It wasn’t long ago that everyone knew what you meant if you brought up an endpoint. If someone wanted to sell you an endpoint security product, you knew what devices that software was going to protect. But when I hear someone casually mention endpoints today, The Princess Bride’s Inigo Montoya comes to mind: “You keep using that word. I don’t think it means what you think it means.” Today an endpoint could be almost any type of device.
In fact, endpoints are so diverse today that people have taken to calling them “things.” According to Gartner (http://www.gartner.com/newsroom/id/3165317) at the end of 2016 there were more than 6 billion “things” connected to the internet. The consulting firm predicts that this number will grow to 21 billion by the year 2020. The business uses of these things will be both generic (e.g. connected light bulbs and HVAC systems) and industry specific (e.g. oil rig safety monitoring). For IT and security teams charged with connecting and protecting endpoints, this is only half of the new challenge, however. The embrace of virtualization technology has redefined what an endpoint is, even in environments in which these groups have traditionally operated.
The last decade has seen a massive change in the way end users access information. Physical devices continue to become more mobile with many information workers now doing most of their computing and communication on laptops and mobile phones. More importantly, everyone is becoming an information worker. Today, better instrumentation and monitoring has allowed levels of data collection and analysis that can make the insertion of information technology into almost any task profitable.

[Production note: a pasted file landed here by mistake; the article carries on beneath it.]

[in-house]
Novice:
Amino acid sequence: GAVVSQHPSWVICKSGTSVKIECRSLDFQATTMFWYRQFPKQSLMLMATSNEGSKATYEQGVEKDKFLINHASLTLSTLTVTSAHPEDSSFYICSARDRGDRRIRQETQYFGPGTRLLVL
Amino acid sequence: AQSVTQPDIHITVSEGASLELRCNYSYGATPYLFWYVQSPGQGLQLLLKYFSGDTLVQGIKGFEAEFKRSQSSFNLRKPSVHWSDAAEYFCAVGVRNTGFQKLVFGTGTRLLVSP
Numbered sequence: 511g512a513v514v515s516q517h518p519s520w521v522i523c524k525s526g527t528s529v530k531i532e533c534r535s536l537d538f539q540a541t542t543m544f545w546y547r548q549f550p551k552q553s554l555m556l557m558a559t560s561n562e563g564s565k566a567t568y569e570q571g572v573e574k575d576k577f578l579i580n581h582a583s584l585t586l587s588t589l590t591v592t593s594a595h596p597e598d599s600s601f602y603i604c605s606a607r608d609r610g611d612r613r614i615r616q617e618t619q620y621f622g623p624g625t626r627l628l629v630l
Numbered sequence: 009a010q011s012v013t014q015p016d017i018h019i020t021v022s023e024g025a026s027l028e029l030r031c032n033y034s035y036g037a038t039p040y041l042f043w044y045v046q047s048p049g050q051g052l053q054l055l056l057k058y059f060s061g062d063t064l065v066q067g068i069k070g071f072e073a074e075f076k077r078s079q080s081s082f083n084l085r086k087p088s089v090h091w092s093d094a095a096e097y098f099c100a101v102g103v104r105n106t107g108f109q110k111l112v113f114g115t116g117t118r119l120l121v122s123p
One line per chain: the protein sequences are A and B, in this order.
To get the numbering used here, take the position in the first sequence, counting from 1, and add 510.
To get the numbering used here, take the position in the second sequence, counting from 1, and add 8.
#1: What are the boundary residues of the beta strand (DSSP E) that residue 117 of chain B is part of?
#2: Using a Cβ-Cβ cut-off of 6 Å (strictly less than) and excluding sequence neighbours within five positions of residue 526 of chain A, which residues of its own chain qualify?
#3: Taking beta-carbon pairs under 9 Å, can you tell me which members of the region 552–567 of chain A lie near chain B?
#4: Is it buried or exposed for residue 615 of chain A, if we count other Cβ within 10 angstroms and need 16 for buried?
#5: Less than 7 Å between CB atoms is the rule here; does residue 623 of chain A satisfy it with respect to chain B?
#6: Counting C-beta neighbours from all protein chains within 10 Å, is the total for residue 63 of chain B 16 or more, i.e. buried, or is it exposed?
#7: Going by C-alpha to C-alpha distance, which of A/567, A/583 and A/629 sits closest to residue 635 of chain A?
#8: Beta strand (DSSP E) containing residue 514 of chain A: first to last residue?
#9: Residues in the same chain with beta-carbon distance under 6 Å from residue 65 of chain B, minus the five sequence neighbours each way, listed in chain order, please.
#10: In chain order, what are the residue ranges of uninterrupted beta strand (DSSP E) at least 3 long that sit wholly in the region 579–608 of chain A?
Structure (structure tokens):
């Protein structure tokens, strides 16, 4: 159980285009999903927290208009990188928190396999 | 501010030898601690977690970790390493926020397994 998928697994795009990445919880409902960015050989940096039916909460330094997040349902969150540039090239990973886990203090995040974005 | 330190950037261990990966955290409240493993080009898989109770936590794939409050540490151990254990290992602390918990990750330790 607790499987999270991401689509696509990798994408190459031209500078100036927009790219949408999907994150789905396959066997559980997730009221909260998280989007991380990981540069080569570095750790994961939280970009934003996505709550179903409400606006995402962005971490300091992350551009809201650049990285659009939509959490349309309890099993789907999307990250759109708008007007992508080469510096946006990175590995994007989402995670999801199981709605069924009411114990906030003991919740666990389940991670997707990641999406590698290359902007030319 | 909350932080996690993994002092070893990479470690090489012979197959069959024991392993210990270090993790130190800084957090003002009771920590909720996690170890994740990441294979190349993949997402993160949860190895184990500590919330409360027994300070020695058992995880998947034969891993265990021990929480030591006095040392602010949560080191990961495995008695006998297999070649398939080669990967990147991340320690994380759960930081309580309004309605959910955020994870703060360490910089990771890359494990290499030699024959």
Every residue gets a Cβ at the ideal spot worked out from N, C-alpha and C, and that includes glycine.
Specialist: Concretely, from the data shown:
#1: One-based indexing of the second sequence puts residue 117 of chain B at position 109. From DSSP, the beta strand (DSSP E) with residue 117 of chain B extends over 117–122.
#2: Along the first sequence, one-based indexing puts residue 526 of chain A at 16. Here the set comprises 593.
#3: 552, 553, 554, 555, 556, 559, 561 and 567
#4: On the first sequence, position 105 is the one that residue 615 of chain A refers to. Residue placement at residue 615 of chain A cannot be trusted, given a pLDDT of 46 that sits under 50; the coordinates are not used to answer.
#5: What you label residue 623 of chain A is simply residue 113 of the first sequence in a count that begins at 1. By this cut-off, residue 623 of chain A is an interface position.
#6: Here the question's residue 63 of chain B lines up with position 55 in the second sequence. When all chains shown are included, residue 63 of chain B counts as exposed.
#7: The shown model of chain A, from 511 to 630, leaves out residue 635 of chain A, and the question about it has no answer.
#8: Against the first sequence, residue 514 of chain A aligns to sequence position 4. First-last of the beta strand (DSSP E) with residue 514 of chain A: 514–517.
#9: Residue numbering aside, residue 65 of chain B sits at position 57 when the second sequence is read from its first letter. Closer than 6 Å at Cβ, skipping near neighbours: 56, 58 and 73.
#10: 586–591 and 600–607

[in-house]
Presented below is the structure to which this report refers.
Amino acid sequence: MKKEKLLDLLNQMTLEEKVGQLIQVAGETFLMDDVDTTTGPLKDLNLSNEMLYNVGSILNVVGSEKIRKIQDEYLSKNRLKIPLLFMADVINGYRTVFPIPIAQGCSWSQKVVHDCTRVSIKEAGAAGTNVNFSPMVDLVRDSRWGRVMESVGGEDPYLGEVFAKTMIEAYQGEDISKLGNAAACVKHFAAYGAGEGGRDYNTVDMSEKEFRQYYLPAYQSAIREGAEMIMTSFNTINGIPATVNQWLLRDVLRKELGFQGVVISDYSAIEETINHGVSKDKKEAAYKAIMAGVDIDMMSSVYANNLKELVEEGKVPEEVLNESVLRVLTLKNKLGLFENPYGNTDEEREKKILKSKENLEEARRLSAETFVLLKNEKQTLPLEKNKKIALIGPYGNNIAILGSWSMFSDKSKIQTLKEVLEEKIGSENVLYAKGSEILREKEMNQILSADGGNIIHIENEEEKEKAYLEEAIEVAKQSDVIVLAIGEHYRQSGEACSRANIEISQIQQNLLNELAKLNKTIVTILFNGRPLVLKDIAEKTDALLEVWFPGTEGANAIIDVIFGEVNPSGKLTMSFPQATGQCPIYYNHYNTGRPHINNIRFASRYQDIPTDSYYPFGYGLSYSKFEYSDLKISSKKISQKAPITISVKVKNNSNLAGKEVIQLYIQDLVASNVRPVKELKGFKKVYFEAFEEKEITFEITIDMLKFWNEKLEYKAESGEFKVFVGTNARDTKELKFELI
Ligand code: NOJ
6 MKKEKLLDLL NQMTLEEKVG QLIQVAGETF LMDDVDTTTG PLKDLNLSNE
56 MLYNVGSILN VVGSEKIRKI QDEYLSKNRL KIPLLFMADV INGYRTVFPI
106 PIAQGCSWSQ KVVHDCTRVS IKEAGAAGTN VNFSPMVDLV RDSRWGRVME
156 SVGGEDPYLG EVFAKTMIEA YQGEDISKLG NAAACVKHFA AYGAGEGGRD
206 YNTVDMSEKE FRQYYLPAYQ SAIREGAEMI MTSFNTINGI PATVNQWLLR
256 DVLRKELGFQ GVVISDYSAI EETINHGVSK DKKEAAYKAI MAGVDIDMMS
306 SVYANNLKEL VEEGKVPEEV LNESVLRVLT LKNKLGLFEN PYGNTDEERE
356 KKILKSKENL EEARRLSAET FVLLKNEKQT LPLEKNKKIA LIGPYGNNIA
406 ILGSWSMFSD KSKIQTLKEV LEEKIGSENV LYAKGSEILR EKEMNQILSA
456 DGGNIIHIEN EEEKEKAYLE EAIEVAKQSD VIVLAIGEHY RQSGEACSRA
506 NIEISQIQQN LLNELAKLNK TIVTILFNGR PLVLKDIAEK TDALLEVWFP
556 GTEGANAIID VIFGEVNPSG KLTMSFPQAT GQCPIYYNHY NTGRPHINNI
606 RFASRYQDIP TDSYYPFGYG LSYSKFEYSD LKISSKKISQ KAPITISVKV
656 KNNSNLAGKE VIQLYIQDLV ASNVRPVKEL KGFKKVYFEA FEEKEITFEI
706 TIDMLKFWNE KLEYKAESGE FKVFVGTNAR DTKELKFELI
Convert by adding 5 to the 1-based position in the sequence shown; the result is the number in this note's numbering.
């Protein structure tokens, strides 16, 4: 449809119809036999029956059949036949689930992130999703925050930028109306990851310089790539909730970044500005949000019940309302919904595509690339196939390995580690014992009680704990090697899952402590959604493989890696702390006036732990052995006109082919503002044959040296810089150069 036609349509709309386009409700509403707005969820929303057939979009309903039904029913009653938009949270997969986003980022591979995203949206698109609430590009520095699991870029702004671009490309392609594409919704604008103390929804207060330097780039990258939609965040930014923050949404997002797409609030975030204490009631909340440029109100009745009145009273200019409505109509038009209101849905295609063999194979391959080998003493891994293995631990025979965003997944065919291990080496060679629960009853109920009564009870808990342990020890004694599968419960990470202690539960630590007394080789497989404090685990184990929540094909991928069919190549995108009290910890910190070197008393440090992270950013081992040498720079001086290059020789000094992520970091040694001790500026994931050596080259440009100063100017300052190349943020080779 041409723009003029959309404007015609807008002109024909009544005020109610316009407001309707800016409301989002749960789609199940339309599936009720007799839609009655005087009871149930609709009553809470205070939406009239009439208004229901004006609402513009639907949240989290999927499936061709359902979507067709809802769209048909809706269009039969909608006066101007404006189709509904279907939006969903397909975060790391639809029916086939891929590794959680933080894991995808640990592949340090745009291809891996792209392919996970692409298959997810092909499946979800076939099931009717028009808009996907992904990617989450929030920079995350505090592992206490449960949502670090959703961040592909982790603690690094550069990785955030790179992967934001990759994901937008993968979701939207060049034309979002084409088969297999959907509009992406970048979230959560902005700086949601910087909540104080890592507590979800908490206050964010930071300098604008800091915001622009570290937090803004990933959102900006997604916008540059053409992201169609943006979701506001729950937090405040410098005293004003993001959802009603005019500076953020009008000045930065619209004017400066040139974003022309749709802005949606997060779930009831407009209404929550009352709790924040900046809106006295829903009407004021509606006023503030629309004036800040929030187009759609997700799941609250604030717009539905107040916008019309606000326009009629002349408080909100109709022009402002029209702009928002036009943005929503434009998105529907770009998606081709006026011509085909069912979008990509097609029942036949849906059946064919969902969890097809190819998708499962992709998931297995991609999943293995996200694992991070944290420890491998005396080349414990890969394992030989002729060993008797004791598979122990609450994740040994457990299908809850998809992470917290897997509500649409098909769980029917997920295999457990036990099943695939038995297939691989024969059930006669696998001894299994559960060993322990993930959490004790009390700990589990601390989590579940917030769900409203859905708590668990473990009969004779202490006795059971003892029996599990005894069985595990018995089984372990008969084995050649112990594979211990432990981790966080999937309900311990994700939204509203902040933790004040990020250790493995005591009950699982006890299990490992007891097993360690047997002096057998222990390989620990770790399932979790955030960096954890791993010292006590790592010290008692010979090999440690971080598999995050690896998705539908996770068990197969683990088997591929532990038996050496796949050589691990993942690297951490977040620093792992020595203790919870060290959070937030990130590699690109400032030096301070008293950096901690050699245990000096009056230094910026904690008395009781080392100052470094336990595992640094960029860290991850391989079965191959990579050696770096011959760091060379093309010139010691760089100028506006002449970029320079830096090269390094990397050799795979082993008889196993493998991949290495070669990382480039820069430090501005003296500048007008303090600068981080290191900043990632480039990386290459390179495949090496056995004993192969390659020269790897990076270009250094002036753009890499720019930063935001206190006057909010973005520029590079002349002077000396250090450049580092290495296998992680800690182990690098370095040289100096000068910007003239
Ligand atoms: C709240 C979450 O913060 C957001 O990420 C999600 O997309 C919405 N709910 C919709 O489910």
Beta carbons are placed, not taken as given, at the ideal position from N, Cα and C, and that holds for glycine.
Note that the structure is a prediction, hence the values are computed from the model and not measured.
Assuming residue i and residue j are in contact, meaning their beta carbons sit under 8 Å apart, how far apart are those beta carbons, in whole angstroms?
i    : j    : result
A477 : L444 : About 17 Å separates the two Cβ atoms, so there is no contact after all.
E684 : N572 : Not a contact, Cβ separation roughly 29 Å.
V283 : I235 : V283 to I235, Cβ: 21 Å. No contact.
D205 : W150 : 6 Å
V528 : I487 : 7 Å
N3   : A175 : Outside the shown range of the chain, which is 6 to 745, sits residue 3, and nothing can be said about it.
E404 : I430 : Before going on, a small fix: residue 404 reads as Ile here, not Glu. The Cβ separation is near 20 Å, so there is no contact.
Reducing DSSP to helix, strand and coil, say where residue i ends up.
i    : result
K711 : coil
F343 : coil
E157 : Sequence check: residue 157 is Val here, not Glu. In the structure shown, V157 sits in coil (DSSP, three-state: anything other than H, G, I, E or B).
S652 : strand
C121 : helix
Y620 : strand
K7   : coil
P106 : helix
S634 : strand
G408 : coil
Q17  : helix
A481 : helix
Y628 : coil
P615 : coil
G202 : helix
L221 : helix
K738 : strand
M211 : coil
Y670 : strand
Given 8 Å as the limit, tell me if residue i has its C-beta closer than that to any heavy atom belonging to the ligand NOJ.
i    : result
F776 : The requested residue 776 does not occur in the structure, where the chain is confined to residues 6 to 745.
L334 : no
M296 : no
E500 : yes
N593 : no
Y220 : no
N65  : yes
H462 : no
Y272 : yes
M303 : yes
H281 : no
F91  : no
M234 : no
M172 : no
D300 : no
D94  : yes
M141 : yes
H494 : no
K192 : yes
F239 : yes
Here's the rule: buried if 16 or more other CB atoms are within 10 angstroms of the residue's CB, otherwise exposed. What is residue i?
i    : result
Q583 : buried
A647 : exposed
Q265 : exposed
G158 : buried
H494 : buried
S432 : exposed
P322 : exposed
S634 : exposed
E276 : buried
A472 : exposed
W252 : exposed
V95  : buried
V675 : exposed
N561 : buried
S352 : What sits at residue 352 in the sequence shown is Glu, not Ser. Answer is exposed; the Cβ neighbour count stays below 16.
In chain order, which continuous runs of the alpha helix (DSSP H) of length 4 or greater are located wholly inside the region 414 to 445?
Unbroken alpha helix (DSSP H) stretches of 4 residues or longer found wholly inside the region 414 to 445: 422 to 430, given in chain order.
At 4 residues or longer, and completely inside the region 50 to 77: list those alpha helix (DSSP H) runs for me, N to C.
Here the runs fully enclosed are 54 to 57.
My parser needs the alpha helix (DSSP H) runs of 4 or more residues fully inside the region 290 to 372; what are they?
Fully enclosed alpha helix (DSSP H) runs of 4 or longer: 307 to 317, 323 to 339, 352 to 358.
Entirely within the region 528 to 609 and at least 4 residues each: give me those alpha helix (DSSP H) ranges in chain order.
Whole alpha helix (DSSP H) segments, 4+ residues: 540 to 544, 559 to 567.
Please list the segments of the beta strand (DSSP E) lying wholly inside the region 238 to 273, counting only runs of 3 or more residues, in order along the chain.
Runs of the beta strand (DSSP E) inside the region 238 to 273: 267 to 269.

At the same time, more traditional IT assets, particularly servers, are becoming virtualized to eliminate some of the traditional limitations in having those assets tied to physical devices.
These two trends together will impact security teams in important ways. The universe of “endpoints” will consist of billions of long-lived and unsecure IoT endpoints as well as billions of virtual endpoint instances that will be scaled up and down on demand as well as migrated to different physical locations on demand.
Enterprises will have very different concerns with these two general types of endpoints. Over their life times, IoT devices will need to be protected from a host of threats some of which have yet to be dreamed up. Monitoring and protecting these devices will require sophisticated detection capabilities. On the plus side, it will be possible to maintain well-defined log data to enable forensic investigation.
Virtual endpoints, on the other hand, present their own important concerns. The ability to move their physical location makes it much more difficult to ensure correct security policies are always attached to the endpoint. The practice of re-imaging virtual endpoints can make forensic investigation difficult, as important data is typically lost when a new image is applied.
So no matter what word or words are used to describe your endpoints – endpoint, systems, client device, user device, mobile device, server, virtual machine, container, cloud workload, IoT device, etc. – it is important to understand exactly what someone means when they use the term endpoint.